I recently posted an article on how specific actions during the upgrade of a VMware Virtual Machine’s hardware from v4 to v7 can cause problems with certain services, including DNS, DHCP, and WINS. In that case, the problem was related to Microsoft Windows leaving non-present devices with networking configurations and the failure of the VMware Upgrade Helper service to copy WINS settings when updating the NIC. As my fellow blogger and VMUG leader, Jason Boche, responded on Twitter: “Same gotchas, different version.” And right he is – anyone with experience in P2V or V2V, or who has been working with VMware long enough to have done a 2.5 to 3.0 upgrade experienced the same gotchas.
There are other issues with VMware virtual hardware upgrades, however, that you may not have experienced. One such issue that I have experienced is highlighted in VMware Knowledge Base article 1013109: “Upgrading virtual hardware in ESX 4 may cause Windows 2008 disks to go offline“. The problems described in the article are unique to Windows 2008 Enterprise and Datacenter editions only. The problem is pretty well described in the title of the article – Upgrading virtual hardware in ESX 4 may cause Windows 2008 disks to go offline. In this case, like with the ghost NIC’s I described last week, is more of a Microsoft issue, but it will rear its head when a VMware Administrator least desires it. With this particular problem, the Windows Virtual Disk Service (part of the native Storage Management suite) is set to not auto-mount newly discovered disks that do reside on a shared bus. Microsoft has a MSDN article on the VDS SANS policy here. Upgrading the virtual hardware version causes the disks to be re-discovered and not auto-mounted. This can potentially impact all non-system disks on a VM.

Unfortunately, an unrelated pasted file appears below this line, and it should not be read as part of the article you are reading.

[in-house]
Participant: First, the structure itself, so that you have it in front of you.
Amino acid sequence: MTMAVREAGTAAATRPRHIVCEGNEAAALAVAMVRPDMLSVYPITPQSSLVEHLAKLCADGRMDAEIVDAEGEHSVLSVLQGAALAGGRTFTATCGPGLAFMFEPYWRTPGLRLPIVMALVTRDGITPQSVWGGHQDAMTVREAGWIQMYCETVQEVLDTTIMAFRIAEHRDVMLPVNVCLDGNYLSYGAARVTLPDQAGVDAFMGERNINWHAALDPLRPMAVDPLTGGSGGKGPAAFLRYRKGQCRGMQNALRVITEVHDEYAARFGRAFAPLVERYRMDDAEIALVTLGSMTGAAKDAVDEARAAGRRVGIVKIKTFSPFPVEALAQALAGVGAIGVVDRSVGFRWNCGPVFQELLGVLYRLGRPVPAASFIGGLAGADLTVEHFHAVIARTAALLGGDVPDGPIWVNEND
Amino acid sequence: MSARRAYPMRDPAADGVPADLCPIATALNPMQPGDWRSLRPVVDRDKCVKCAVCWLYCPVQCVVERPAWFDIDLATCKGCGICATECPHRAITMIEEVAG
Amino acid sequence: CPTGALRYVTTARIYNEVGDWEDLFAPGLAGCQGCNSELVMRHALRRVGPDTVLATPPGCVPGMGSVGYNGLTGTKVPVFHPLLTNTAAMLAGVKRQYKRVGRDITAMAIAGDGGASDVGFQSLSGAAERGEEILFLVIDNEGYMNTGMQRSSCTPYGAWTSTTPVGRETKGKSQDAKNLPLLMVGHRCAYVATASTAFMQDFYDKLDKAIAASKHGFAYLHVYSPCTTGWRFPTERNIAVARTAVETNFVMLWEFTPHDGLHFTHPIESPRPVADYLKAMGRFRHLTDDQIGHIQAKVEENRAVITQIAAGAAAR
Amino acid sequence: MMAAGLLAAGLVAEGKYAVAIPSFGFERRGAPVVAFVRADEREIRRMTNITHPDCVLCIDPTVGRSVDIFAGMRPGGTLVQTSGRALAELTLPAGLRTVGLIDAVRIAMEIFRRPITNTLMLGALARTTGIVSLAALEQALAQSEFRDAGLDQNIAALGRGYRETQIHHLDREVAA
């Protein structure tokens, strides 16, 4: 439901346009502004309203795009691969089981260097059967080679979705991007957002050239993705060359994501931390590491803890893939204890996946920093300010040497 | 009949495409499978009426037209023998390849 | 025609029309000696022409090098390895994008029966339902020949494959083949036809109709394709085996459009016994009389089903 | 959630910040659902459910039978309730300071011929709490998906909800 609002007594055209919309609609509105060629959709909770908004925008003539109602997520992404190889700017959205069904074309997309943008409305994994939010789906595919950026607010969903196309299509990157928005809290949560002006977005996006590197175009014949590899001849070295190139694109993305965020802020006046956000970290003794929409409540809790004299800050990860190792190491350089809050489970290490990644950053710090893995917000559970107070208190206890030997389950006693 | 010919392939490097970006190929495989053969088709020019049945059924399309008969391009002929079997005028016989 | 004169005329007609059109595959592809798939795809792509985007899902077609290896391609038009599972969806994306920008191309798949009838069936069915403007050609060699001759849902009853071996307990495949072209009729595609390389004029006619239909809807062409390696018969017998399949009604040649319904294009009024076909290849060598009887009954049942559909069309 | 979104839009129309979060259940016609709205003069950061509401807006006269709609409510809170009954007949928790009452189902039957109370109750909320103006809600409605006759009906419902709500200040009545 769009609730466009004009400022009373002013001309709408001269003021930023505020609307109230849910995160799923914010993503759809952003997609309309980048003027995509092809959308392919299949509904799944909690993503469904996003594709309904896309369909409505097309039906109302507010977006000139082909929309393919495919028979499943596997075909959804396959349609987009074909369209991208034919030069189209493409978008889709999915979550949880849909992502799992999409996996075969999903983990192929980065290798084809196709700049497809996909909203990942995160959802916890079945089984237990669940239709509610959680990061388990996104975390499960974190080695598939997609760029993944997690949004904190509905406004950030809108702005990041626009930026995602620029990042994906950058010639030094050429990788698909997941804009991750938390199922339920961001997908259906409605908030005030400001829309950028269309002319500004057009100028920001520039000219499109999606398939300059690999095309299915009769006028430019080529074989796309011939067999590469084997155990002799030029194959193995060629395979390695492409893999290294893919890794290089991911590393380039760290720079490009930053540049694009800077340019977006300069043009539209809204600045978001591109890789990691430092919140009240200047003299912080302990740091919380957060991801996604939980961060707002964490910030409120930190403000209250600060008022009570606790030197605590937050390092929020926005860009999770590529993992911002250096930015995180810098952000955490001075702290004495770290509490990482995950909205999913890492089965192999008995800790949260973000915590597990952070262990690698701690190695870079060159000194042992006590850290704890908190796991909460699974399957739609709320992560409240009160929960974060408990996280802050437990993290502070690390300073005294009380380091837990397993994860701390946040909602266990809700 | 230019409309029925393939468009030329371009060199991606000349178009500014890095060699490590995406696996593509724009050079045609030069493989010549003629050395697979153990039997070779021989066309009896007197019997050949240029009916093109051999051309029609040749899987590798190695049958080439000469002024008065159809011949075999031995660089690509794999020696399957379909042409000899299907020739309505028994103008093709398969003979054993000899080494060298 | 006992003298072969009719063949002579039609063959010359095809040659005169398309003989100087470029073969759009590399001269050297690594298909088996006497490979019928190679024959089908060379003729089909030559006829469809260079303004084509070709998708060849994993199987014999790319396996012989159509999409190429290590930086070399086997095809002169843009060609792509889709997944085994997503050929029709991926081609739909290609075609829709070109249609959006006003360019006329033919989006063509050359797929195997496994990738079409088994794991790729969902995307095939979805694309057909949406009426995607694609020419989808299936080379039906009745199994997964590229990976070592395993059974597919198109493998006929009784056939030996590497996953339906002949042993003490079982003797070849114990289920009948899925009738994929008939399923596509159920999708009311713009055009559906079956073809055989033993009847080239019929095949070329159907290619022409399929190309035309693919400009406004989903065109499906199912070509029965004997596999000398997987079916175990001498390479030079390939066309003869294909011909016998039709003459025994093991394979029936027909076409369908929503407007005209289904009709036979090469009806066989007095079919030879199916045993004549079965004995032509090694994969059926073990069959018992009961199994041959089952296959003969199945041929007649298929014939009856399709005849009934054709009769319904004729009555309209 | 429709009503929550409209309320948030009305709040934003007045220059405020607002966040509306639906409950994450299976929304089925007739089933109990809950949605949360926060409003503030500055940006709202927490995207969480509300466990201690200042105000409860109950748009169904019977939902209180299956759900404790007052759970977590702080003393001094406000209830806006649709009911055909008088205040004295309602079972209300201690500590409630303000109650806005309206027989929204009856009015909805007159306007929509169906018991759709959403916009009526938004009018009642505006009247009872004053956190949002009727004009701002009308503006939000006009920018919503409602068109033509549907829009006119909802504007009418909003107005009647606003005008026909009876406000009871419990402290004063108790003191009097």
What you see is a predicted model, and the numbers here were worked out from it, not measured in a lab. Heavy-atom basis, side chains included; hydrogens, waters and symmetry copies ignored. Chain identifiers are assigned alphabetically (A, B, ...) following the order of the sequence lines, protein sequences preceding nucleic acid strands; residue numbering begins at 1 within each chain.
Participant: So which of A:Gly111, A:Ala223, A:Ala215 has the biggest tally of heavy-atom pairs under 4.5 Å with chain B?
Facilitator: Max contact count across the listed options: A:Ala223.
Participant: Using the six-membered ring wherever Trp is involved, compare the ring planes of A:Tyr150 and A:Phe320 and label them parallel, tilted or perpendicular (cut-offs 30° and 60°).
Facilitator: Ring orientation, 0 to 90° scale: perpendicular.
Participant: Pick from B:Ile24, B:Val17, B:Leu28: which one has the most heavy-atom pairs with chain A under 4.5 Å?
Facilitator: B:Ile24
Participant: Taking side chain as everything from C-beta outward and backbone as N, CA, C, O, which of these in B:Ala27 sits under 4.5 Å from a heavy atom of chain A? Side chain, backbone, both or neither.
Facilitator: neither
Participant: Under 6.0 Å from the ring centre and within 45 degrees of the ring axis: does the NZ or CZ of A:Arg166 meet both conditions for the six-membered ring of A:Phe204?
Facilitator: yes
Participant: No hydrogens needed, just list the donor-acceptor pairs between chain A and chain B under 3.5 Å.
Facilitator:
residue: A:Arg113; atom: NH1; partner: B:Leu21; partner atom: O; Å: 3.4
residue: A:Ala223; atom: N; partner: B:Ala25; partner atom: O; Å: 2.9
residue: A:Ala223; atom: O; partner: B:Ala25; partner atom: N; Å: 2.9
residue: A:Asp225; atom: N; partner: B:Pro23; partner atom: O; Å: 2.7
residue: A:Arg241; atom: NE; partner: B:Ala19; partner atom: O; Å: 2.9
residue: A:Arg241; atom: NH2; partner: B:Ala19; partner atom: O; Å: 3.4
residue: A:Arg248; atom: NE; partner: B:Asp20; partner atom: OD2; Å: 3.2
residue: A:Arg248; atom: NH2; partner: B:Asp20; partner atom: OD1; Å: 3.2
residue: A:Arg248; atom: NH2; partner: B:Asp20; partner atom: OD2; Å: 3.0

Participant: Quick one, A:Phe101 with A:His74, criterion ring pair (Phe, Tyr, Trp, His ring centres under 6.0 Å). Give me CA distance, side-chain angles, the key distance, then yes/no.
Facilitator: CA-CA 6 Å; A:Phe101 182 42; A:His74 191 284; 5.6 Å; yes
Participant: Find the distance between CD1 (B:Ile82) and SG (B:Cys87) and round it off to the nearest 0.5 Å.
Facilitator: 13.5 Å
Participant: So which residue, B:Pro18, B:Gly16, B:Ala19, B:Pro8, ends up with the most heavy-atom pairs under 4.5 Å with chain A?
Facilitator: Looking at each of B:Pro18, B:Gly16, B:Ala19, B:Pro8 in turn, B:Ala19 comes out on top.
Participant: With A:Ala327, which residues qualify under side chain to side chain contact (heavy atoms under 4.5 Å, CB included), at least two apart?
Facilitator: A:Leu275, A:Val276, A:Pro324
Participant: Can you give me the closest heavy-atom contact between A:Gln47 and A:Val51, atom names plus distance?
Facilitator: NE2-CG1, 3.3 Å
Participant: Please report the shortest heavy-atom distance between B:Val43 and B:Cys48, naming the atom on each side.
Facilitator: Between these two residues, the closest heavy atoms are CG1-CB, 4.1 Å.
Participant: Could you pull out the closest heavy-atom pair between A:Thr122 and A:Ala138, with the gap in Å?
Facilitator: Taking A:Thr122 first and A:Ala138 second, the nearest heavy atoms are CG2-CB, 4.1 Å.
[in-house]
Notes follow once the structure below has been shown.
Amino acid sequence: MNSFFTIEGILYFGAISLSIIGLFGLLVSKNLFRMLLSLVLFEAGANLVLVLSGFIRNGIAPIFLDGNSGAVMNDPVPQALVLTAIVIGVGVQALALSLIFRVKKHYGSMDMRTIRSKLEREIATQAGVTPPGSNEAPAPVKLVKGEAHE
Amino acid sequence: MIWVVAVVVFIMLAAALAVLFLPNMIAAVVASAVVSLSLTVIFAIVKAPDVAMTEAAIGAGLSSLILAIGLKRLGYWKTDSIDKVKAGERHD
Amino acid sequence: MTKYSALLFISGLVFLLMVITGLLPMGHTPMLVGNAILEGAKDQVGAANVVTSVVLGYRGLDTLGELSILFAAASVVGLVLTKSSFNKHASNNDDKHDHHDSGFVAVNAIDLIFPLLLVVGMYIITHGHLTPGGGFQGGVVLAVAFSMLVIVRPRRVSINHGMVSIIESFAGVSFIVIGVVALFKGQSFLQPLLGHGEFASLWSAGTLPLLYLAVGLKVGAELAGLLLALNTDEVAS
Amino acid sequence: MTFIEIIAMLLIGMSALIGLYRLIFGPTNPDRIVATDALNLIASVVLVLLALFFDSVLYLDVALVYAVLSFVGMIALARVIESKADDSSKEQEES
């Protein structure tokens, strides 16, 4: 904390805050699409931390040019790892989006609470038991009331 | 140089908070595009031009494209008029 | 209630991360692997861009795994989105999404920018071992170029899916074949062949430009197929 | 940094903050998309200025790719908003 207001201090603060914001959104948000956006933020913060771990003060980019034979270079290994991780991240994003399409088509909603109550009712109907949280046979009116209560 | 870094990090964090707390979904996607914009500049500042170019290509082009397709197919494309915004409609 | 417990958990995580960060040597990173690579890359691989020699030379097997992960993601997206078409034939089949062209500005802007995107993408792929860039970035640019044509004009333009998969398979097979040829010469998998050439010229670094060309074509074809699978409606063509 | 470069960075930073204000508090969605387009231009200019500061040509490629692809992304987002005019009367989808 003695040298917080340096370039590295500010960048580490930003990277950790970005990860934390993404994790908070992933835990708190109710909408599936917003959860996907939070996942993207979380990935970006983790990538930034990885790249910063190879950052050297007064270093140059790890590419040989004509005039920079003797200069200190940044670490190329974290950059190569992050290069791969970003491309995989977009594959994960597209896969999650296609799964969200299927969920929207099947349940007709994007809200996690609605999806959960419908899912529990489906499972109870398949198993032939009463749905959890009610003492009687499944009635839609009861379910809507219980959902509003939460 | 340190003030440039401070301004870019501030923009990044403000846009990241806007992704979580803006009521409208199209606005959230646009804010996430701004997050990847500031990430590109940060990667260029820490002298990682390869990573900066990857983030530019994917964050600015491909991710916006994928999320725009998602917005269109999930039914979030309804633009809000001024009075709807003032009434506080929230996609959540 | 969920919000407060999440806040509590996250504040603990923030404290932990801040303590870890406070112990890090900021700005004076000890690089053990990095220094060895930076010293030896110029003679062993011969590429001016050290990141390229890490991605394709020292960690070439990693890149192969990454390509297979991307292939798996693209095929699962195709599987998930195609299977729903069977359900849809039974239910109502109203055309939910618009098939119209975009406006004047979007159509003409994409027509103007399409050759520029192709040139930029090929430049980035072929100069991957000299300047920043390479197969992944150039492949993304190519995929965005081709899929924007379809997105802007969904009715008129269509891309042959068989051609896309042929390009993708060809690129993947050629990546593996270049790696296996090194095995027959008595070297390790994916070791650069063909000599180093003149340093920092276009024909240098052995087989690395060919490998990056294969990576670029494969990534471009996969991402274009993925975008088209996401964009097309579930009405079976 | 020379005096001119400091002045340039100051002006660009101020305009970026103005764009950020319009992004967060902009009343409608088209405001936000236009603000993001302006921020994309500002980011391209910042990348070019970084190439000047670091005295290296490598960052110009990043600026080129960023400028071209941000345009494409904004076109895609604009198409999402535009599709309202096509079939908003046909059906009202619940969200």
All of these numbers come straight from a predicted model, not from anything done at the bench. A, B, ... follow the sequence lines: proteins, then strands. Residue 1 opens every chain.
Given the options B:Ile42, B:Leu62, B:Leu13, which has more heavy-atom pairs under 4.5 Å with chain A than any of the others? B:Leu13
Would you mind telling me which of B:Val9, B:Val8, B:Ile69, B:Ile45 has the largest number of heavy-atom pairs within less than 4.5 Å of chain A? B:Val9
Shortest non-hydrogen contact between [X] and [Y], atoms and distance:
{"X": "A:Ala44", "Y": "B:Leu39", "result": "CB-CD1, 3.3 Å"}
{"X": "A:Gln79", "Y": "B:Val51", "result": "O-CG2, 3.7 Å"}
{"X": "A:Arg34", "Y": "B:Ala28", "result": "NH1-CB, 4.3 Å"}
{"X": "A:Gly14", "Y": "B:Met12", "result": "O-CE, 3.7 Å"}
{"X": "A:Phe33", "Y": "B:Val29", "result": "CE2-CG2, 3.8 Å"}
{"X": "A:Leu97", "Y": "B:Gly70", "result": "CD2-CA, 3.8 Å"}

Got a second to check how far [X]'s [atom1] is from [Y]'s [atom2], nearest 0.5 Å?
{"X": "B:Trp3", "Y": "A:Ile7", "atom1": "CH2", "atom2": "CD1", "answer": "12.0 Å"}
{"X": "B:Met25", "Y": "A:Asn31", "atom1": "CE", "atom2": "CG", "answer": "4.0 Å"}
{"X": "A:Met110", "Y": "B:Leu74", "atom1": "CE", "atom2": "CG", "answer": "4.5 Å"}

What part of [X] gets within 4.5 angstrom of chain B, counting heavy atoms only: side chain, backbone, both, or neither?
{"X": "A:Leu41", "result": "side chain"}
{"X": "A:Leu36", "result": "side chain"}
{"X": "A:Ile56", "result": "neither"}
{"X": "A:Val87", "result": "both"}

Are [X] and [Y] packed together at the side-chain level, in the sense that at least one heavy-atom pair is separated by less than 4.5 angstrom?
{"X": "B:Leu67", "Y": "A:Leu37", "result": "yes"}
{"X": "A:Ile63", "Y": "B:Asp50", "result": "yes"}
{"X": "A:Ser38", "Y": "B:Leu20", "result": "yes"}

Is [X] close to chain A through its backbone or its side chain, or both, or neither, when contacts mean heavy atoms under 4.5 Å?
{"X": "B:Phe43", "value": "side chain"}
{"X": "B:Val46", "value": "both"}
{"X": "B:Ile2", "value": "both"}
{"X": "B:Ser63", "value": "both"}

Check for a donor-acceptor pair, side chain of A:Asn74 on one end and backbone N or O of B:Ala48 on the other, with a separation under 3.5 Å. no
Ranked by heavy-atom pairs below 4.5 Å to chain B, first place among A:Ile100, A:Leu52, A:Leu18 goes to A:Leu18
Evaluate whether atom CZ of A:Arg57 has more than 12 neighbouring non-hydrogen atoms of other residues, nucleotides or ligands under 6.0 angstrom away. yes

You may also experience similar issues when upgrading the vSCSI adapter in a VM from a standard LSI Logic Parallel SCSI adapter to a (new in vSphere 4.0) paravirtualized SCSI (pvSCSI) adapter, move virtual disks to new vSCSI adapters to increase the number of concurrent disk IO operations, or when you change the SCSI node ID of a virtual disk. These may all trigger a re-discovery of the disks by the Windows Virtual Disk Service, leaving data disks offline on Windows 2008 Enterprise and Datacenter Edition guests.
In my opinion, these issues are not reasons to forgo upgrading your virtual hardware version. However, when your upgrade/migration plans call for upgrading the virtual hardware version of your guests you should be prepared to resolve any issues caused by ‘ghost hardware’, offline disks, and the like. Both the MSDN and VMware articles I cited above offer workarounds for the offline disk issue. Here are the links again: